Despite the multiple first-quarter 2016 earnings beats for airline stocks, the NYSE ARCA Airline index has declined over 12% in the last three months. This clearly hints at some underlying problems plaguing the sector.
Truth Behind the Beats
The first quarter of 2016 has seen airline heavyweights like Delta Air Lines, Inc. (DAL - Analyst Report) , Southwest Airlines Co. (LUV - Analyst Report) , American Airlines Group Inc. (AAL - Analyst Report) and Alaska Air Group (ALK - Analyst Report) report better-than-expected earnings. A detailed analysis of the releases reveal a picture quite contrary to the belief that only low oil price has driven the beats.
Oil prices have been weak for almost two years now. In view of the extended slump, it is quite natural that analysts had taken this into consideration while issuing their earnings per share estimates for the airlines. With cheap oil already factored in, it is clear that the reason behind the bottom-line outperformance lies elsewhere.
In fact, analysts had slashed their first-quarter estimates in the wake of multiple headwinds plaguing the industry. The downward revisions resulted in a highly conservative Zacks Consensus Estimate which made it easier for companies to record a beat. To illustrate our point, let’s take a look at Chicago-based United Continental Holdings, Inc. (UAL - Analyst Report) . The Zacks Consensus Estimate for first-quarter 2016 earnings for this carrier was $1.17, down 54.8% from the comparable figure in the fourth quarter of 2015.
On Jun 24, Britons voted in favor of exiting the European Union. As had been widely expected, the Brexit decision has created ripples throughout the world, rattling the global financial market. Airline stocks too have been hit hard with fears of travel demand slackening. In fact, the Brexit decision has worsened matters for U.S. airlines with exposure to Britain. According to the International Air Transport Association (IATA), with Brexit materializing, U.K.’s air passenger market is expected to shrink in the band of 3% to 5% by 2020.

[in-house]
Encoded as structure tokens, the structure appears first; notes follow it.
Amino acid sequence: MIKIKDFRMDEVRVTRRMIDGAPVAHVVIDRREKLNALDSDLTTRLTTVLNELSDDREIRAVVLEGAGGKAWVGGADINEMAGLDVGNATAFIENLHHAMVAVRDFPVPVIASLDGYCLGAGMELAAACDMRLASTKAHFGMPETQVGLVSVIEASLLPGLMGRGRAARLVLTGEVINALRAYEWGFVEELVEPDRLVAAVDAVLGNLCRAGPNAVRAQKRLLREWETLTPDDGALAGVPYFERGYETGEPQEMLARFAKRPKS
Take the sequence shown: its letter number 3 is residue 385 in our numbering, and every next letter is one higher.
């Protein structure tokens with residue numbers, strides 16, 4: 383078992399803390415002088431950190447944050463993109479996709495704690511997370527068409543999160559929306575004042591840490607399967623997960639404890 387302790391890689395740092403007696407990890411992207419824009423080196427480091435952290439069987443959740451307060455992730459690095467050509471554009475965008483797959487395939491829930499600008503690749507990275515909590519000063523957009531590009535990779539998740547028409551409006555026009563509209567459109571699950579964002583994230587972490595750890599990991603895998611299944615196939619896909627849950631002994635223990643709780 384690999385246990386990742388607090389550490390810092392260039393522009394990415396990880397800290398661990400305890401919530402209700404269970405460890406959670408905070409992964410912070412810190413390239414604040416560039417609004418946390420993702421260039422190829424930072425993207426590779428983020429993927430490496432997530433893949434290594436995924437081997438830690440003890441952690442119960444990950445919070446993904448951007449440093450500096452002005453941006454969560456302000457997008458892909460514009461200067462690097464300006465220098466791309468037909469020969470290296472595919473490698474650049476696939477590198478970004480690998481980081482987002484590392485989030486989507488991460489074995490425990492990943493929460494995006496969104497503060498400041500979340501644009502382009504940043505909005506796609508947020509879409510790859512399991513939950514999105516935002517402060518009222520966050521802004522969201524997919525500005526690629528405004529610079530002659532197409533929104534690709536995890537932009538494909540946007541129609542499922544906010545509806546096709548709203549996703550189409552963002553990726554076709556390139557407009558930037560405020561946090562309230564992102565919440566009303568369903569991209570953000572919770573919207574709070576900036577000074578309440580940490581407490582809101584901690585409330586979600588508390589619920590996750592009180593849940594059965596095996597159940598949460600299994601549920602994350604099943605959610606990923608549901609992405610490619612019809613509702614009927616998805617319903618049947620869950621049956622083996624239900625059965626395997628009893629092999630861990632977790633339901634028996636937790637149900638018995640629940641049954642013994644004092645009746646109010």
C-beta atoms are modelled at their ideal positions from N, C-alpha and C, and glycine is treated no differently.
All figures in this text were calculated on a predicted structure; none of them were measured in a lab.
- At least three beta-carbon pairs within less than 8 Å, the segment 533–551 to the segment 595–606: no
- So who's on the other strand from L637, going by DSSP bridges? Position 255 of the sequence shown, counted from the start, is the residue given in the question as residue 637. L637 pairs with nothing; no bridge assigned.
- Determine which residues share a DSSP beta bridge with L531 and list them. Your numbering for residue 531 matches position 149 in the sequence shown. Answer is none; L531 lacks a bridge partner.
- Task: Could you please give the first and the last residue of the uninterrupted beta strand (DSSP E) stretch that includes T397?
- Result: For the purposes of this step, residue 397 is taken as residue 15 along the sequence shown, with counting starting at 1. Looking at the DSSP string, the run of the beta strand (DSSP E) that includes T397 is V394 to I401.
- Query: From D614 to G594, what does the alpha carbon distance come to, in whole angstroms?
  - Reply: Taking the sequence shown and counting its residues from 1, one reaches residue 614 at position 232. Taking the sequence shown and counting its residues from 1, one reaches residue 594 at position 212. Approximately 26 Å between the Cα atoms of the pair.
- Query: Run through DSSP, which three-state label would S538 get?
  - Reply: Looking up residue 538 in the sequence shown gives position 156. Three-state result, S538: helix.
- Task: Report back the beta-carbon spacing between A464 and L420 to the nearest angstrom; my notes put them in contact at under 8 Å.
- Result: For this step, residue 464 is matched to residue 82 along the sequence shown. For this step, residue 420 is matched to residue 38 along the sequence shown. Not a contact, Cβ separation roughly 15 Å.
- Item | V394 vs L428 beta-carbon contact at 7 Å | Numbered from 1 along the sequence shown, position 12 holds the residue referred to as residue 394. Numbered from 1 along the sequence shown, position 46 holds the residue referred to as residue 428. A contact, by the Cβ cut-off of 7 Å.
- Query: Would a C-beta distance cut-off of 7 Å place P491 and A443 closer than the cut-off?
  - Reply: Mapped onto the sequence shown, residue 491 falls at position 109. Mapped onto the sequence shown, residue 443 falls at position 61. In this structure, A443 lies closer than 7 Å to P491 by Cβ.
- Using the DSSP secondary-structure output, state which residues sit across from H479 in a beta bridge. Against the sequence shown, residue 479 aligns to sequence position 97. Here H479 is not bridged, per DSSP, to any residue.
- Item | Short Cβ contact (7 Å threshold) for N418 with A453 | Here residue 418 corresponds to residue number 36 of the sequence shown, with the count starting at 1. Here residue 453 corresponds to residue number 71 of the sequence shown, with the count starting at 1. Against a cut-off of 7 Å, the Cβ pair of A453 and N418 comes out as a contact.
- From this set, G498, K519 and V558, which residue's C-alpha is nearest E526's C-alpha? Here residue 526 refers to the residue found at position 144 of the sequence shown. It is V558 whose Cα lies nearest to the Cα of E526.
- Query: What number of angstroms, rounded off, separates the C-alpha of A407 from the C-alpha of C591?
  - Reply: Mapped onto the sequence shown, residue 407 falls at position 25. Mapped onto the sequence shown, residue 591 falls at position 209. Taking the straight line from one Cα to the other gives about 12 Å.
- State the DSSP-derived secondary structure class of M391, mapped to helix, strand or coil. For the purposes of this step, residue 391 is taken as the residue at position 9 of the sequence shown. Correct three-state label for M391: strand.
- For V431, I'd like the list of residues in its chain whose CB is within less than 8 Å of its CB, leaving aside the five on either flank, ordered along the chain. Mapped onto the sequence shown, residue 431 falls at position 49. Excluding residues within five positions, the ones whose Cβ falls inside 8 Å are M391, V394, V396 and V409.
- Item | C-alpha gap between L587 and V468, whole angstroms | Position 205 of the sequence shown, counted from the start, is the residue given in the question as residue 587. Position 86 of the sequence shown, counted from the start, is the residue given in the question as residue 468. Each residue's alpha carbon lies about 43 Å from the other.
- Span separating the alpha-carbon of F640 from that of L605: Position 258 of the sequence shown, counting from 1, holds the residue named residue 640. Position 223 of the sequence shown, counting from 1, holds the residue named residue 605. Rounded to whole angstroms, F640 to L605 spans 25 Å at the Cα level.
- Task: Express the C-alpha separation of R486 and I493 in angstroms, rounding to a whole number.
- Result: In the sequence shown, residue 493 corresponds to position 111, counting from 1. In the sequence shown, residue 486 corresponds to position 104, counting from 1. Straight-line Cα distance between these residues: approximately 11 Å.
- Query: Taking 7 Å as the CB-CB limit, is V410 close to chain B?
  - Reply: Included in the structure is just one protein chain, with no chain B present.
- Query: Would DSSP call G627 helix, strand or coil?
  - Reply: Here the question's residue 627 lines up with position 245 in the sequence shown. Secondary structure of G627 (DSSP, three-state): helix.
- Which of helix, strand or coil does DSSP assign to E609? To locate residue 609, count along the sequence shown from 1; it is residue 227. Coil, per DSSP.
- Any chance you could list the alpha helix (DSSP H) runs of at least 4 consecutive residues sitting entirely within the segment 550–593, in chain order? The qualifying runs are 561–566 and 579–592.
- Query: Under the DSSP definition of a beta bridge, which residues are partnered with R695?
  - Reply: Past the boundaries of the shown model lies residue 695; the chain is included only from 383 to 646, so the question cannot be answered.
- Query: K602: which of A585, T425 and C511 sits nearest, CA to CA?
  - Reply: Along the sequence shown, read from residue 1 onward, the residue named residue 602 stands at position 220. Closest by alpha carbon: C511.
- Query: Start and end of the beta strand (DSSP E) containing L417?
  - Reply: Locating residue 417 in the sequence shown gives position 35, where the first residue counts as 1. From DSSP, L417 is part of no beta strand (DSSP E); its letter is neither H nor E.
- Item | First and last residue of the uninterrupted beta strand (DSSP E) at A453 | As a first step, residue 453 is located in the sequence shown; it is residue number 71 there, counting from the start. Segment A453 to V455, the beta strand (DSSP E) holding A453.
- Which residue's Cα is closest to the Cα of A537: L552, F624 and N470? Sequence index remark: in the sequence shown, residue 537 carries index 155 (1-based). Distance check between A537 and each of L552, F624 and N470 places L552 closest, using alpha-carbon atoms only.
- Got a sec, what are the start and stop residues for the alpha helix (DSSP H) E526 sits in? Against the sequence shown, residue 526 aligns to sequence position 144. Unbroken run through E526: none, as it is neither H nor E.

Rise in Terror Attacks
The mass shooting at a nightclub in Orlando, described as the worst in the history of the U.S., and an explosion at the Shanghai Pudong airport on Jun 12 have hit airline stocks hard. However, these are not the only instances of terror attacks in recent times. The disappearance of the EgyptAir jet in May is also feared to a victim of terrorism. Such acts of terror impact airline stocks as there is a possibility of waning travel demand due to security fears. For instance, the Brussels attacks in March impacted Delta Air Lines’ revenues substantially in the first quarter of 2016.
On May 31, the U.S. State Department issued a global travel alert to U.S. citizens citing the possibility of more terrorist attacks. Meanwhile, European carrier Ryanair Holdings (RYAAY - Snapshot Report) recently stated that it expects a widespread cut in airfares as terror attacks usually have a direct impact on travel demand. Moreover, travel company Thomas Cook revealed that summer bookings had declined 5% in May from a year ago. Such fears were also reflected by the IATA projection which expects passenger travel growth (6.2%) in 2016 to be less than that recorded in 2015 (7.4%).
In the past few quarters, key revenue metric PRASM (a measure of sales relative to capacity for a carrier) impacted revenues for most of the carriers. Lower fuel surcharges on international flights due to reduced oil prices have been one of the main reasons behind the persistent decline in PRASM. Consequently, plunging oil prices have become a double-edged sword for airlines.